Soft Drink Consumption Is Related To What?

The consensus of peer review studies is that soft drink consumption is related to increased weight and obesity. This may be a no brainer but we still consume a lot of soft drinks. Some people don’t worry about their weight so they think this information does not apply to them, but it does! The incidence of developing Diabetes type II is twice as likely than those people who drink one carbonated beverage per month or less.

Researchers found that people who drank soft drinks eat more carbohydrates, and eat less fruit and fiber than those folks that don’t. The reason why is speculated that with the fast rise in blood sugar and  insulin production, your body is gearing up to take care of that sugar and calling for it. You are eating more before you even know you are full. The body’s ability to know you are full is delayed, so your calorie intake is higher.

It is recommended that we eat no more than 100g for women, and 150g for men of added sugar in a single day. People that consume more than that are at a much higher risk of developing dyslipidemia. In other words, elevated cholesterol and triglycerides come from too much added sugar. Another study showed that when you consume more that 10% of your daily intake from added sugar your triglycerides and cholesterol are markedly elevated setting you up to develope non-alcoholic fatty liver disease.  These triglycerides deposit in your liver and make it impossible to process out the fat the way it was designed to do. This leads to increased oxidative stress which makes you age much faster and puts you at a higher risk for cancer. It releases inflammatory cytokines so inflammation is rampant throughout your body causing pain and leading to many other problems.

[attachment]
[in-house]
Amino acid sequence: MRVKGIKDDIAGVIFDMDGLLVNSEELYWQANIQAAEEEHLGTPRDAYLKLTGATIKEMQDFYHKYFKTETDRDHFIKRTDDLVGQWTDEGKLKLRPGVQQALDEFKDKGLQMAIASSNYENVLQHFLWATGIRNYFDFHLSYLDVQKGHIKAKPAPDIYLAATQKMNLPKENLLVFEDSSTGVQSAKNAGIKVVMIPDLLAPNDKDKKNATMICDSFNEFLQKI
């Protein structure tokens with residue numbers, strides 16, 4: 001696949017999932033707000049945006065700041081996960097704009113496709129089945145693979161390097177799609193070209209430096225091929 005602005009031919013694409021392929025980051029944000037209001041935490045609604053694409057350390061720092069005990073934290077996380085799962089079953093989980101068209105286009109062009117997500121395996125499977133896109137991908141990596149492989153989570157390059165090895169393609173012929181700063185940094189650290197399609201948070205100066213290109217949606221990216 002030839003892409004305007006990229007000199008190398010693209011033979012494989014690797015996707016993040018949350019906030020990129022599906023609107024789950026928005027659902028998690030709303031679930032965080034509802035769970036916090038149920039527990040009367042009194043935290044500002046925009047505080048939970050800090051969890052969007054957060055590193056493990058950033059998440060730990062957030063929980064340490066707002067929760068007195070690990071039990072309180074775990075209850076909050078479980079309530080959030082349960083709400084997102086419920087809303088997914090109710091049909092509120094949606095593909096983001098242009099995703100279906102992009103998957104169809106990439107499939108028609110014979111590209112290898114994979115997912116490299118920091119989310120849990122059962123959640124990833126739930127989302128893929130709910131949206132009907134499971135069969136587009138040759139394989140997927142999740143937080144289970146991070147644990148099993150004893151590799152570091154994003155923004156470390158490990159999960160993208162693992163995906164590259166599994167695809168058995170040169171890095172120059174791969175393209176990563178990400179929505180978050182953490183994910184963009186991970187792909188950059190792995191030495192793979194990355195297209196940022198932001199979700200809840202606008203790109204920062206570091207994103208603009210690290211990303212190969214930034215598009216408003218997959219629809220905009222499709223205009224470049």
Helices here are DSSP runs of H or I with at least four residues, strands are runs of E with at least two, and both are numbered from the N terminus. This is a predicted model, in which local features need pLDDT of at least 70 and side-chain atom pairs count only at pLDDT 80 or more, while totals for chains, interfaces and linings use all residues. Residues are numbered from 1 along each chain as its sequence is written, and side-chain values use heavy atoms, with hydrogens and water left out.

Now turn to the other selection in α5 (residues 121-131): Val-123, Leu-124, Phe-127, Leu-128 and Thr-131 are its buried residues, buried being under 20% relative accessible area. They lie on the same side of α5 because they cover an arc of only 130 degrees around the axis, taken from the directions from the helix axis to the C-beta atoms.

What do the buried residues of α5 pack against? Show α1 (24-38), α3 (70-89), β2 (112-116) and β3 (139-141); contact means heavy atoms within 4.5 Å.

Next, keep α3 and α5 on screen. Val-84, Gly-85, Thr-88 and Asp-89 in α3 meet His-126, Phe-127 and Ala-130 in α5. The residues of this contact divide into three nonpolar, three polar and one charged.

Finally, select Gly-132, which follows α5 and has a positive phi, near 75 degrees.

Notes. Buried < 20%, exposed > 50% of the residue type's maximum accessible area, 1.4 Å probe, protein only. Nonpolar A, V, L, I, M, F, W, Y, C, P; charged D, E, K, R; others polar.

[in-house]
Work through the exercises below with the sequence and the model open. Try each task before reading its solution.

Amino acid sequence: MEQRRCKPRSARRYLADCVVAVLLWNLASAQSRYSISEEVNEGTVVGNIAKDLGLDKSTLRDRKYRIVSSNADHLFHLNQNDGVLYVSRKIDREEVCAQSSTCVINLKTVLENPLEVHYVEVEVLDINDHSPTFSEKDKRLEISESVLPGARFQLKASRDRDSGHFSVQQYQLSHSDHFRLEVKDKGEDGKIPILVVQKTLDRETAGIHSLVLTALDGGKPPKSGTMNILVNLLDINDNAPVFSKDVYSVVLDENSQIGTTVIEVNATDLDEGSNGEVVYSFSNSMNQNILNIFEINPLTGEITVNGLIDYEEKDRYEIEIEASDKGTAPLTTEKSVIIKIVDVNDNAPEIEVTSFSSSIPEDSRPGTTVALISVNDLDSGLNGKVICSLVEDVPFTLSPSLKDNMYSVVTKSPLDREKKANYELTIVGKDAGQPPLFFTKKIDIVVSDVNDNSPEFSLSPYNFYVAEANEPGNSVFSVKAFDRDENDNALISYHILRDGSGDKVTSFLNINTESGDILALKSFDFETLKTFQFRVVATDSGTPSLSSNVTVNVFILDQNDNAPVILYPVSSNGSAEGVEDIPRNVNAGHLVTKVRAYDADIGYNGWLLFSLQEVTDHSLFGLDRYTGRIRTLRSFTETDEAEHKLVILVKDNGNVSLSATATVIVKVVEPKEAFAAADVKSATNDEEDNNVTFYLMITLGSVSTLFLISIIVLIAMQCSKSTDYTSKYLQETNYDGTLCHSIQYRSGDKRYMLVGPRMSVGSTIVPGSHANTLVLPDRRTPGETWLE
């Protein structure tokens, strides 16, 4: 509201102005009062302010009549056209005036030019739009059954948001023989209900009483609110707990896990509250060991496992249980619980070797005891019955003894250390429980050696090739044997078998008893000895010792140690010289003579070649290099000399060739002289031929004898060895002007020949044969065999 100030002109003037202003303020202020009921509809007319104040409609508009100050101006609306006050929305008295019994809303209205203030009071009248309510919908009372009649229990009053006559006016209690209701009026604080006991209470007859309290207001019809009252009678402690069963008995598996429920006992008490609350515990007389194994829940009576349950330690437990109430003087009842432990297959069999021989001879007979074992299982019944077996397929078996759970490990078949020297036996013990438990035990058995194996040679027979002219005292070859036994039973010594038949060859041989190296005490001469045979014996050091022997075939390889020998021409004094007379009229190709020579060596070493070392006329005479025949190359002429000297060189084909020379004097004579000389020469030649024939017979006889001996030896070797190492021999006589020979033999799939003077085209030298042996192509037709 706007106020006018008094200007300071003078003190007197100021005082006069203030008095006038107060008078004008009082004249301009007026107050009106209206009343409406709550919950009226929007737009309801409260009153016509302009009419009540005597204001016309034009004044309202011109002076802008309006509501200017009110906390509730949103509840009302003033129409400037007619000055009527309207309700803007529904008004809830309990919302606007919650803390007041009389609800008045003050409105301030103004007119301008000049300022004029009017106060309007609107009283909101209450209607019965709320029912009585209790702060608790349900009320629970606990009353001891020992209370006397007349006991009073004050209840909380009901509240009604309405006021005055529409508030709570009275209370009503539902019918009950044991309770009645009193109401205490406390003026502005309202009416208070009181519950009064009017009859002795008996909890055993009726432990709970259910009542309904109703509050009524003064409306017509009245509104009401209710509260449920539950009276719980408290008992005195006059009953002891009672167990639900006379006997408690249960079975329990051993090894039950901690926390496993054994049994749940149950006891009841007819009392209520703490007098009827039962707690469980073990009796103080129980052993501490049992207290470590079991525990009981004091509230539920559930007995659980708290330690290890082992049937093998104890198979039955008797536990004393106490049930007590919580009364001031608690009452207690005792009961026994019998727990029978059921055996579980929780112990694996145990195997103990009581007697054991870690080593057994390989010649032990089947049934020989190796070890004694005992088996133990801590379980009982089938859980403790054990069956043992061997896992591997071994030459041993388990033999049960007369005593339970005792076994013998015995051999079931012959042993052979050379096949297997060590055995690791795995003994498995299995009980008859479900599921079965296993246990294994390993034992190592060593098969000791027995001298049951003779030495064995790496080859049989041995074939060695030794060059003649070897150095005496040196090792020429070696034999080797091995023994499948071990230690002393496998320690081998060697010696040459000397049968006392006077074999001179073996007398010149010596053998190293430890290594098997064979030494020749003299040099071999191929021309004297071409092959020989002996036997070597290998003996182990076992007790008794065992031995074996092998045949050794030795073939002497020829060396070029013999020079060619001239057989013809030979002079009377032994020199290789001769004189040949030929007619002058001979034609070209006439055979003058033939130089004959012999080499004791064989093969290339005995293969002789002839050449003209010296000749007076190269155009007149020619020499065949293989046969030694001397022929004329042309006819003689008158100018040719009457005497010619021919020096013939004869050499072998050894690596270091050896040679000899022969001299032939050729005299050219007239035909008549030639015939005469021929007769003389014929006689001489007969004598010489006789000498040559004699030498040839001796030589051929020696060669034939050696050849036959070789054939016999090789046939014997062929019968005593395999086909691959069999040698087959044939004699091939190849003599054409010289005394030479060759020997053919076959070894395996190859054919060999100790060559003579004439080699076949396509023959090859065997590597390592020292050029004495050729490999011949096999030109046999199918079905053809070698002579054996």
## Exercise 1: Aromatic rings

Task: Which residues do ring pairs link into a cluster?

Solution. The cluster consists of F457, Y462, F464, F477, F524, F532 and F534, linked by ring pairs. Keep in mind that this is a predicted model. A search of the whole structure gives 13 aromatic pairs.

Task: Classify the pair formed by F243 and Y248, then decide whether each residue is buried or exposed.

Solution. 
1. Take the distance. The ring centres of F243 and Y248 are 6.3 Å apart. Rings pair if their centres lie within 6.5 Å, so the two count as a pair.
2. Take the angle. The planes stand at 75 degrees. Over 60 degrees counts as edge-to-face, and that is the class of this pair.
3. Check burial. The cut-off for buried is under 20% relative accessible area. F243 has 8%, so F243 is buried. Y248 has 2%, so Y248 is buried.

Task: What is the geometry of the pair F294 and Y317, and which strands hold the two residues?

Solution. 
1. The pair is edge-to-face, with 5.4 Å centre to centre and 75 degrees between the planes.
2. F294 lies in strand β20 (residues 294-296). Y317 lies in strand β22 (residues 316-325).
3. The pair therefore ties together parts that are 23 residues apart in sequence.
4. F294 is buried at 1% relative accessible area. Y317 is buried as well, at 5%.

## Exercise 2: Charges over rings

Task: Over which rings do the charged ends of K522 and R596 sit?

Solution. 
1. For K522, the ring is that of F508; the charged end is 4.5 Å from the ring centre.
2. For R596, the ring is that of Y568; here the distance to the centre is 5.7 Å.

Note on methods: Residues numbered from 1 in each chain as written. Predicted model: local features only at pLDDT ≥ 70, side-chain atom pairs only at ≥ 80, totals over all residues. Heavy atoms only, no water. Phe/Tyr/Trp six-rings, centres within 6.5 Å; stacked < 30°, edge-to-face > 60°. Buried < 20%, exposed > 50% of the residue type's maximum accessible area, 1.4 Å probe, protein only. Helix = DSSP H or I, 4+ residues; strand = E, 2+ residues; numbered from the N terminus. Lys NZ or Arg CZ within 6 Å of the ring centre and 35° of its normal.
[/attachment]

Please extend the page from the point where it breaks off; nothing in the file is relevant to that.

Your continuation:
I guess the long and short of it is do not eat or drink added sugars. There are so many health related conditions caused or added to by sugar consumption. Most of the quick easy sugar we consume is in the form of soda. Do yourself a favor and switch to water. Hydrate your body and brain giving it the best way to keep functioning well for many years.

Am J Public Health. 2007 April; 97(4): 667–675.
Nutrients. 2013 Aug; 5(8): 2901–2923.
Published online 2013 Jul 26. doi:  10.3390/nu5082901
Naim Alkhouri, MD, and Marsha H. Kay, MD, FACG, 
The Cleveland Clinic, Cleveland, OH – Updated December 2012.
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